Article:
What would you do if a magical tattoo on your neck would kill you if you didn’t find enough treasure for a mysterious Emperor? You find yourself having woken in a bizarre closed-quarters prison jam-packed with other prison-dwellers, all tasked with the same weird job. That’s how Valhalla Knights 3 opens up, and yet it doesn’t excite or titillate. There’s a wealth of things it could do with the subject matter at hand, and yet it languishes early on with little more to offer than an interesting premise and the prestige of being a Vita title, which in this day and age, is significantly rare.
Unfortunately, it doesn’t set itself apart enough to become an acceptable part of your portable library.
Your character is tasked with, at first, exploring the prison you find yourself having been thrown in with plenty of other miscreants. As you explore and try to get your bearings, busy work-like missions are assigned here and there, which feel completely devoid of the needed information to give Valhalla Knights the meaningful plot development and bullet points needed to carry at least some semblance of a story. With little fanfare or reasoning, you’re told to go here, kill this person, take that, etc.
It’s clear from the get-go that you’re being used as a human pawn. What little story there is unsuccessfully attempts to peek in here and there, but largely fails at permeating the bland fog that’s set in across the in-game land. What’s more, completing missions isn’t even possible after you reach a certain plateau. You’ll hit a point where you’ll be forced to grind for better equipment and money in order to obtain the weapons and gear required for more daunting missions. Running back and forth to deliver messages and killing a set amount of rats doesn’t make for engaging gameplay, and progressing this manner is extremely dull.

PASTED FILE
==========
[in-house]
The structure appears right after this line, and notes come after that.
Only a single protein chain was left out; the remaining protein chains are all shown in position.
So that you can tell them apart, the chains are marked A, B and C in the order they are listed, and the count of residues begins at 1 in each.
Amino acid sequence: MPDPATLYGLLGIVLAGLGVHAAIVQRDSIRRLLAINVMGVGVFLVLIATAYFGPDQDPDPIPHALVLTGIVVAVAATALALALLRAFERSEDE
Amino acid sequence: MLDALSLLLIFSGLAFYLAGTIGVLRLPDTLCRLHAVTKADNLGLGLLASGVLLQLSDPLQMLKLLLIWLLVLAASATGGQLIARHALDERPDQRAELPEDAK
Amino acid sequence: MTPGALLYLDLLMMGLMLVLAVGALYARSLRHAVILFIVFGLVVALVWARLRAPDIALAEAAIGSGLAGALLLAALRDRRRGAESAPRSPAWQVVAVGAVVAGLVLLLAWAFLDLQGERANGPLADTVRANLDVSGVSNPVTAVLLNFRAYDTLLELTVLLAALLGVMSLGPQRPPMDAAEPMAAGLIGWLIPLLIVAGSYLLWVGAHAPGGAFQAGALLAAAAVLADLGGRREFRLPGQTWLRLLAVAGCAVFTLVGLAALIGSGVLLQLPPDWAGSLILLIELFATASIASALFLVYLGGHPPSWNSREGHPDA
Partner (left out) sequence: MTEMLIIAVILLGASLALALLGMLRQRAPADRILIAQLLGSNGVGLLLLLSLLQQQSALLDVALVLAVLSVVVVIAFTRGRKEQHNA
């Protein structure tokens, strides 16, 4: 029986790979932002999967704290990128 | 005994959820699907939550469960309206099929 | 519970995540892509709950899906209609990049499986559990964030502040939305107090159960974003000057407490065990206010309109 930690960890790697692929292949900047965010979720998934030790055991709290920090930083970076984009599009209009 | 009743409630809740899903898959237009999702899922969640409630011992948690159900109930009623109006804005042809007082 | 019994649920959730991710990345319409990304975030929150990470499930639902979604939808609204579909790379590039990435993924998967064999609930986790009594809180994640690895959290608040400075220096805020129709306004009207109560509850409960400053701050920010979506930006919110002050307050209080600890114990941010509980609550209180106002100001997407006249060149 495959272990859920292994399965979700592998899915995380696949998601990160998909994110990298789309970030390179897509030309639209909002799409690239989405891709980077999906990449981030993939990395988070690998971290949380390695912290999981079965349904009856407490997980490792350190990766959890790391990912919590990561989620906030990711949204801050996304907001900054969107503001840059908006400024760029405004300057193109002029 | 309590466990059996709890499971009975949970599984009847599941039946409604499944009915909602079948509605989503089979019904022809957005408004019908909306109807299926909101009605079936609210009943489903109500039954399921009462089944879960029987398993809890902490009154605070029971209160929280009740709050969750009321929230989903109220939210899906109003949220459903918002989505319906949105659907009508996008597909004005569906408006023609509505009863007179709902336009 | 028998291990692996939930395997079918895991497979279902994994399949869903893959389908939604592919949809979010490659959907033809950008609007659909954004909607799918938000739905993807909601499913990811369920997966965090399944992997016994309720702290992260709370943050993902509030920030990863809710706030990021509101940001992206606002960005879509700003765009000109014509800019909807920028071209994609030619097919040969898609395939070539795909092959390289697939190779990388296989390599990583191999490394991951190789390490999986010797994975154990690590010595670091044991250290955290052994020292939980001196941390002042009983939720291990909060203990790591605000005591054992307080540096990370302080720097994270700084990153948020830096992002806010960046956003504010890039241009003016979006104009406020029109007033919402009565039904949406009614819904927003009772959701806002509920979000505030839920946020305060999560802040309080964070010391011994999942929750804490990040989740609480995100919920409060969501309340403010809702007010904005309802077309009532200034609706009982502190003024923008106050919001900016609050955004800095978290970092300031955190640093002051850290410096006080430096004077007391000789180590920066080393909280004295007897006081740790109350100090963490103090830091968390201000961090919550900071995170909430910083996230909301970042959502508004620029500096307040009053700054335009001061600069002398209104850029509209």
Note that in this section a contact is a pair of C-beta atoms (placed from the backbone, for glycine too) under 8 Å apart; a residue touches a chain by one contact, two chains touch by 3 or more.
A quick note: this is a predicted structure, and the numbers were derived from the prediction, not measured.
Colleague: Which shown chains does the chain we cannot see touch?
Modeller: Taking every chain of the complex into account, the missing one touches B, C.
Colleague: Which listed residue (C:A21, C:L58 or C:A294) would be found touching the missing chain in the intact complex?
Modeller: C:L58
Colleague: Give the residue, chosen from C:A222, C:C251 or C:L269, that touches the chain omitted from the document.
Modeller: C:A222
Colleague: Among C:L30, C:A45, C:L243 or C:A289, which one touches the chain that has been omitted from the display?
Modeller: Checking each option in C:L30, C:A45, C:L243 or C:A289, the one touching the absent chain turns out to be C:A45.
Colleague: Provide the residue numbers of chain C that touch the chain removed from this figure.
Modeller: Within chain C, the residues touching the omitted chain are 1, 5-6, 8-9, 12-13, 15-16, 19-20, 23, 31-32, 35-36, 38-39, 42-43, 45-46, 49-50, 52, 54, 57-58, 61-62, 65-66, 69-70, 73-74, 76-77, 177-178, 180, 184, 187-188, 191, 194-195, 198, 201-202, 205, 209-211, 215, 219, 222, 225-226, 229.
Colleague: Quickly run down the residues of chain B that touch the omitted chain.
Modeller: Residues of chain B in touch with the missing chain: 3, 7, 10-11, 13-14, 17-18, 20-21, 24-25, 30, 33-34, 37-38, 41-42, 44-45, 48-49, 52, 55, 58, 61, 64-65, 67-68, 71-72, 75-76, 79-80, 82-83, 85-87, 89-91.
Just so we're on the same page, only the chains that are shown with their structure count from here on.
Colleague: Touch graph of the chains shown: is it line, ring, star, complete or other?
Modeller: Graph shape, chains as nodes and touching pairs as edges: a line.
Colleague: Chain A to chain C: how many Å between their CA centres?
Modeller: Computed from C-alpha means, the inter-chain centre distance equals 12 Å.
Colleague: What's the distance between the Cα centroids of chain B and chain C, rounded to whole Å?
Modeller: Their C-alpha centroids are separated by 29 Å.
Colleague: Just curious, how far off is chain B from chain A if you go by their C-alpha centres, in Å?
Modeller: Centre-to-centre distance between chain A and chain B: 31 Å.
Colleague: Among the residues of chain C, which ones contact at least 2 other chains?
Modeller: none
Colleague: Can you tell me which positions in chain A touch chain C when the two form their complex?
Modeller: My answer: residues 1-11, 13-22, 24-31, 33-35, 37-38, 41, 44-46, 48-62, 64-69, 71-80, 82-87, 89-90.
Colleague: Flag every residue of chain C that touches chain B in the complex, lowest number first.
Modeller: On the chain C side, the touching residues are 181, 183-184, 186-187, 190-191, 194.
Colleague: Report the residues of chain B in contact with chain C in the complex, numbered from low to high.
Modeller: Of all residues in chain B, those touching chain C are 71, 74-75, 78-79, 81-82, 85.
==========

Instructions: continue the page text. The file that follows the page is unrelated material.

Of course, it’s not enough to have killed all the rats in the world with the shiniest gear possible if you don’t farm your character in the manner Valhalla Knights 3 asks of you. It’s not enough to carry the game, but it is interesting enough to devote a little time to if you enjoy crafting something that’s yours. It’s impressively deep for a game that feels so superficial and heavily reliant on fantasy tropes established so long ago, so if you do pull the trigger on this purchase that’s likely what you’ll spend all your time doing. Upgrading stats and unlocking new abilities shouldn’t be the basis on which a game is built, so despite what’s available for players to discover in this department, it’s still difficult to recommend this title.
Valhalla Knights 3 is an extremely rote exercise in RPG grinding that honestly feels as though it should have been released back in the heyday of the PlayStation 3, or possibly an earlier console. If you’re in dire need of a traditional mission-based RPG then you might have a field day here, but everyone else should seek a more enthralling diversion.